Funeral Home Etiquette

By: Ron Curry
Monday, June 11, 2018

Funeral homes can be culturally intimidating. They require a lot of social aptitude and careful navigation, and necessitate lots of understanding about traditions and social constructs. This is hard enough in everyday situations, but when death and loss are tossed in the mix, it can feel almost impossible.

This doesn’t have to be the case. There are a few simple rules you can keep in mind when going to a funeral home in Rahway, NJ to make sure you are respectful of the proceedings and family members. Keep reading to learn more about funeral home etiquette.

  • Seating: Keep the first two rows of seats at the funeral home open for family and close friends of the deceased if there is no specific seating chart or an open seating plan. Stay seated throughout the ceremony unless directed by the host. Keep this same rule in mind for graveside services, as well, since the graveside seats are usually for family only.
  • Attire: Funeral home attire should be conservative and muted. Stay away from bright colors, revealing cuts or loud trends. Do pay attention to invitations or common cultural ideas, as sometimes culture or family preference dictates attire.
  • Religion: Funeral homes can be very religious places, so it’s important to be aware and respectful of any particular belief. If the ceremony has religious aspects that do not match your own or make you uncomfortable, simply remain silent and respectfully engaged. Remember, you are there to honor the deceased, not to make a religious statement.
  • Distractions: Turn off all your devices! If you can’t turn off your phone, smart watch, or tablet, at least put it on silent or Do Not Disturb for the duration of the service. If you must take a call, (ie: emergencies or completely unavoidable work) step outside as looking down at your phone or checking messages inside the funeral home is disrespectful. In the same vein, it might be a good idea to leave small children at home. Use your best judgment with your child, but usually toddlers and babies should stay at home with a sitter.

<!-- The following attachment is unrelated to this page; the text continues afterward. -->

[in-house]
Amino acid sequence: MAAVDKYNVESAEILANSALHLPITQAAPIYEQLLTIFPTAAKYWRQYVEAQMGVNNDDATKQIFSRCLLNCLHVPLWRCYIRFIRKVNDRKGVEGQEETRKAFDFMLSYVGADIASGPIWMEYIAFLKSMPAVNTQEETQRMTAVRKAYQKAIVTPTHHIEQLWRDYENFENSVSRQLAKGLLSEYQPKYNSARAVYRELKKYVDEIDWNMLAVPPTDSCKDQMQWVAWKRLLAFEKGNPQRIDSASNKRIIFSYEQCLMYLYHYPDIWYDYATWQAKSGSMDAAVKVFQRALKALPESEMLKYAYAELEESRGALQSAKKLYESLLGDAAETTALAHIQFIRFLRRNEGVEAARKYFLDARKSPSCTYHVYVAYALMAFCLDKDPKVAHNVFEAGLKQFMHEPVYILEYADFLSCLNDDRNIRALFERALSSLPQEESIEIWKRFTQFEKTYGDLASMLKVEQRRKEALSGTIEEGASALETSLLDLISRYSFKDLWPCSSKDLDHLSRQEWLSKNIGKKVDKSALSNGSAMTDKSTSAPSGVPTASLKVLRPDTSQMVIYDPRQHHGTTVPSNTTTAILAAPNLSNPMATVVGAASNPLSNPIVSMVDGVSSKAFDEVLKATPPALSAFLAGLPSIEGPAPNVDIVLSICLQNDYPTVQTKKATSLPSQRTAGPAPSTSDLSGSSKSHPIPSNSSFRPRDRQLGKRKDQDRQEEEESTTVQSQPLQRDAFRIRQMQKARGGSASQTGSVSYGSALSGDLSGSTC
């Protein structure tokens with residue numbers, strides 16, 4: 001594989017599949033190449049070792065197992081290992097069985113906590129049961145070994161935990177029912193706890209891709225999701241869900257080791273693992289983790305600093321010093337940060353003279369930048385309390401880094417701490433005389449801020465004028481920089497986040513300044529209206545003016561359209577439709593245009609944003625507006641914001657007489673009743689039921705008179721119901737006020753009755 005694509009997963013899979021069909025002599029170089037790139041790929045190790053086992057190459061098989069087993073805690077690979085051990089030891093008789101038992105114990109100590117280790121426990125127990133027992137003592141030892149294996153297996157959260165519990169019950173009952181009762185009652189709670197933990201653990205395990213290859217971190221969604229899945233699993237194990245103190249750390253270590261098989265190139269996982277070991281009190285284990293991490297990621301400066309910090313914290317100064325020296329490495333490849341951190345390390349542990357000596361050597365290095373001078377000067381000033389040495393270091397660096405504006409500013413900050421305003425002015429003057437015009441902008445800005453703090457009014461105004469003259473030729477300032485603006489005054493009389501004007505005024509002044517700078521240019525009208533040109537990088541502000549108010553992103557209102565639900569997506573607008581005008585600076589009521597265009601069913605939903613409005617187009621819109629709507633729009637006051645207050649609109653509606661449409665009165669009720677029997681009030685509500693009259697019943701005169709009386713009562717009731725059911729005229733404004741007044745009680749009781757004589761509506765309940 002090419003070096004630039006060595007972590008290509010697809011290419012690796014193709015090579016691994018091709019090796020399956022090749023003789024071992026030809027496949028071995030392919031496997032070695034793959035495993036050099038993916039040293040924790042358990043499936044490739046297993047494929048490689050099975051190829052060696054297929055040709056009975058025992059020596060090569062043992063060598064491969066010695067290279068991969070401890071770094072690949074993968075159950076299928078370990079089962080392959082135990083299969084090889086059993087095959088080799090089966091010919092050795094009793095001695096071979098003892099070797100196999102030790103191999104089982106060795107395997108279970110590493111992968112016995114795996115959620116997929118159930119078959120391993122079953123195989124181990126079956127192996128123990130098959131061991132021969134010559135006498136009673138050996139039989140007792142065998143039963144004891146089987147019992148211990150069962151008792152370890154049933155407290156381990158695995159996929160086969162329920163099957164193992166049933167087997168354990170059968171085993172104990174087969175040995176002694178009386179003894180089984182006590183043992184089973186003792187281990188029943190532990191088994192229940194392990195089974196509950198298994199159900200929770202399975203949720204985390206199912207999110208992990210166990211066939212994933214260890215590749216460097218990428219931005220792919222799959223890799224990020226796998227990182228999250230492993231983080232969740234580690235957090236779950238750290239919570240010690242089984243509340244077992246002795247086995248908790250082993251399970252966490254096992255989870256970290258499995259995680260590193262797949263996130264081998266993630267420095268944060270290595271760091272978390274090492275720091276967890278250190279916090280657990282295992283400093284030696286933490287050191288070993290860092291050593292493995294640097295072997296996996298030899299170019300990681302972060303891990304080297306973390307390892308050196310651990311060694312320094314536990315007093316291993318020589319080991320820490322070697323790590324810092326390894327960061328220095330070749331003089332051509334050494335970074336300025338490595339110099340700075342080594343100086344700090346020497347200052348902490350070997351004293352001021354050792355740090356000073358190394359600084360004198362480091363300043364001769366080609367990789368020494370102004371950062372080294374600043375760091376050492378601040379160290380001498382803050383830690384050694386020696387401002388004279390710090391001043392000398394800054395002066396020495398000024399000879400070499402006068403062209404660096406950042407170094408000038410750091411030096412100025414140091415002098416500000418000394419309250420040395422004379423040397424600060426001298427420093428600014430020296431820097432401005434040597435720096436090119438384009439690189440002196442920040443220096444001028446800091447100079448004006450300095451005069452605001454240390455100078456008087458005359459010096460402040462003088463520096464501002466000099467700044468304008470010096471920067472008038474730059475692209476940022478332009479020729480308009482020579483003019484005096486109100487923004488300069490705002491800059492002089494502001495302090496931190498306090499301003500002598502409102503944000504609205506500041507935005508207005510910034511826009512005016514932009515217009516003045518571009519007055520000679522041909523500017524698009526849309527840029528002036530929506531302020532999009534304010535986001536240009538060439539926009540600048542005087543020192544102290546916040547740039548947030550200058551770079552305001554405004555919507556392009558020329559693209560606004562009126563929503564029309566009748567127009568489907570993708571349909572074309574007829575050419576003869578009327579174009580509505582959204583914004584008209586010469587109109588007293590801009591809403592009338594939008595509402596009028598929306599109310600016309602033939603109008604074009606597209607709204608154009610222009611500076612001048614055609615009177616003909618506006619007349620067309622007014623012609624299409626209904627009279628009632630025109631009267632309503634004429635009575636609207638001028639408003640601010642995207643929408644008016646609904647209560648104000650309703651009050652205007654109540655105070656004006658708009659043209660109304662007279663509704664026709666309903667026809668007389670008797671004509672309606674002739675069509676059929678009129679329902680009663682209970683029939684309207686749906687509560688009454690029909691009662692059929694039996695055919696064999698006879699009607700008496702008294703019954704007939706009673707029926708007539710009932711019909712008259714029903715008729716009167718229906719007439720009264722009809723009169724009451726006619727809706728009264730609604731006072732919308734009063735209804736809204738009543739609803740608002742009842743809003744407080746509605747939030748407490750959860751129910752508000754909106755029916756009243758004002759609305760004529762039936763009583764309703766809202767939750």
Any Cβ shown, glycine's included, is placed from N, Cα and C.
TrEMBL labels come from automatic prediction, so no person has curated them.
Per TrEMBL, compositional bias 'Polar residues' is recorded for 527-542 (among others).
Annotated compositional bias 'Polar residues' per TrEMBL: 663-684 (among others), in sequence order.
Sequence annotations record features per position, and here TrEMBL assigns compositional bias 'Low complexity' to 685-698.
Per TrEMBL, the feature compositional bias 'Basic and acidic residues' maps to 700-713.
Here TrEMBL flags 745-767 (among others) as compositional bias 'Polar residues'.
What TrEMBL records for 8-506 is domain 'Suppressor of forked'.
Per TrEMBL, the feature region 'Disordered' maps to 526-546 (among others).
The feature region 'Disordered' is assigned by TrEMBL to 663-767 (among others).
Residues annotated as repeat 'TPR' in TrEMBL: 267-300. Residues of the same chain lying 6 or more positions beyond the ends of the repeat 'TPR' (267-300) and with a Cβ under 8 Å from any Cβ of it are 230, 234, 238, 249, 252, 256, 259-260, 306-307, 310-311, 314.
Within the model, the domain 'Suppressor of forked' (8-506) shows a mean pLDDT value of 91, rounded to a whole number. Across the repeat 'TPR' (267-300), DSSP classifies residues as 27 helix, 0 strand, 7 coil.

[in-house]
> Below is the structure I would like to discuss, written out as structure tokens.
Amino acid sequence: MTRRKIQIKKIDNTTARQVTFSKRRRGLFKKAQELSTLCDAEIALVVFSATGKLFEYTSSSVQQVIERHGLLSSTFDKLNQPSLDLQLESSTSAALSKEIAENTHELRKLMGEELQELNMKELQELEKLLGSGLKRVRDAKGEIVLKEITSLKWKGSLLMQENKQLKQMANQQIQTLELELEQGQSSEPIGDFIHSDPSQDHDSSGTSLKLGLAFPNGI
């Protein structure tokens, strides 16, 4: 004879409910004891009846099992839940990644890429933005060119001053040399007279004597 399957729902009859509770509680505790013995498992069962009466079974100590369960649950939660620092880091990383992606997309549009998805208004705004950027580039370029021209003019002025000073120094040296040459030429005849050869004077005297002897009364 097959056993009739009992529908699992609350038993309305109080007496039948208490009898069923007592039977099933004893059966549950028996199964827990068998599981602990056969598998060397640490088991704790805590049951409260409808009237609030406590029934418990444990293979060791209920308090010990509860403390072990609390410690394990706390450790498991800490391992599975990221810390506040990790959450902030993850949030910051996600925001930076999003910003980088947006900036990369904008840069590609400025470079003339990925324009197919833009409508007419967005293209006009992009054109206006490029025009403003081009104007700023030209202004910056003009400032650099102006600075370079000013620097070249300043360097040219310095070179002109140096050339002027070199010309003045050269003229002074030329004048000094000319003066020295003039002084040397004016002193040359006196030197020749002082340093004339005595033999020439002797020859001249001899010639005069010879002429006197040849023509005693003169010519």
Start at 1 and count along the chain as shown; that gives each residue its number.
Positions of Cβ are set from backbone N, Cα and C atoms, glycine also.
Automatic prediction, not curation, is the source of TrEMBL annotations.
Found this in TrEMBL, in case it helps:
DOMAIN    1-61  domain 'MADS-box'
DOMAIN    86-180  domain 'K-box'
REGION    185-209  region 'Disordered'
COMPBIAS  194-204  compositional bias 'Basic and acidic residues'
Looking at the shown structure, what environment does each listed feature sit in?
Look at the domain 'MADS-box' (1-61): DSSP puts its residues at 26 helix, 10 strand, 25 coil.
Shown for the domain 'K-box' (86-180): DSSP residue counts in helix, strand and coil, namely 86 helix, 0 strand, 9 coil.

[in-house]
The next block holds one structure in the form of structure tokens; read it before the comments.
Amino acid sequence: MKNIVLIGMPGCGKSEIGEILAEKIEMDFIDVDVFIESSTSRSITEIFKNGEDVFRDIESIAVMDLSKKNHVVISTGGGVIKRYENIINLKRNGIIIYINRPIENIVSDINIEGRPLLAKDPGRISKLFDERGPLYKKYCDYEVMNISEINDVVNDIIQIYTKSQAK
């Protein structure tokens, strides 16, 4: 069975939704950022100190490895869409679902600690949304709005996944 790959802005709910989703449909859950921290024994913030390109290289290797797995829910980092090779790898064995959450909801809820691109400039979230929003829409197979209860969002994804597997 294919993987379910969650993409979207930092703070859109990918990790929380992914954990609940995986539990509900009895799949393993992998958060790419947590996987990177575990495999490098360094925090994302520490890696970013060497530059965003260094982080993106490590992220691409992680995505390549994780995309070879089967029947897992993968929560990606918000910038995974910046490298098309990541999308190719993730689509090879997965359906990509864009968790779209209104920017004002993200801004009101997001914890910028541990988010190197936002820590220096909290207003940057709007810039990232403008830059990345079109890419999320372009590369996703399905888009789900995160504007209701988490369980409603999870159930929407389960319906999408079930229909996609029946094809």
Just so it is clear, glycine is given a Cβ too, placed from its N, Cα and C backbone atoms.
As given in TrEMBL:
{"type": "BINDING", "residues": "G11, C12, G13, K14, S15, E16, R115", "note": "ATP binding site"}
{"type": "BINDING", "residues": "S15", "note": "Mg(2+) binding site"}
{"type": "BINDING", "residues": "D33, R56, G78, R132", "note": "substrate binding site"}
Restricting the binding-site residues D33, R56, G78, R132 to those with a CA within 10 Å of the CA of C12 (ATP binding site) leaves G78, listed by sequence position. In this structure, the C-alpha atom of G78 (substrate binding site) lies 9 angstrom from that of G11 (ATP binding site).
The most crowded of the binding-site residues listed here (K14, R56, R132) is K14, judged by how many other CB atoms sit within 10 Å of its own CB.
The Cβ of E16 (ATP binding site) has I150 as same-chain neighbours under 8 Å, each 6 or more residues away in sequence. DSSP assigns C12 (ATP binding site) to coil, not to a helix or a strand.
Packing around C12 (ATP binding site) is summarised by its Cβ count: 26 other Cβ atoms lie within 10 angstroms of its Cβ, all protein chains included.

• Communication: It’s a very good idea to speak with the deceased’s family, even for a moment. All you need to do is express sympathy for their loss, but if you knew the deceased well and feel it’s appropriate, you may say something more personal about the deceased. However, do try and keep it short as the family most likely has lots of other guests to attend to. Keeping it short will also help make sure you don’t overwhelm the family in their time of grief.

In Conclusion

Everything above is a guideline and doesn’t necessarily apply to every funeral home experience. Always use your best judgment, and when unsure simply follow the family’s lead. When in doubt, lean towards being conservative side as that’s always a safe bet.

If you have any more questions about funeral home etiquette, especially in Rahway, NJ, you can reach out to Plinton Curry Funeral Home at 908-232-6869 or 732-469-3300. You can also visit one of our two locations: 411 West Broad Street, Westfield NJ 07090 and 428 Elizabeth Ave, Somerset NJ 08873.

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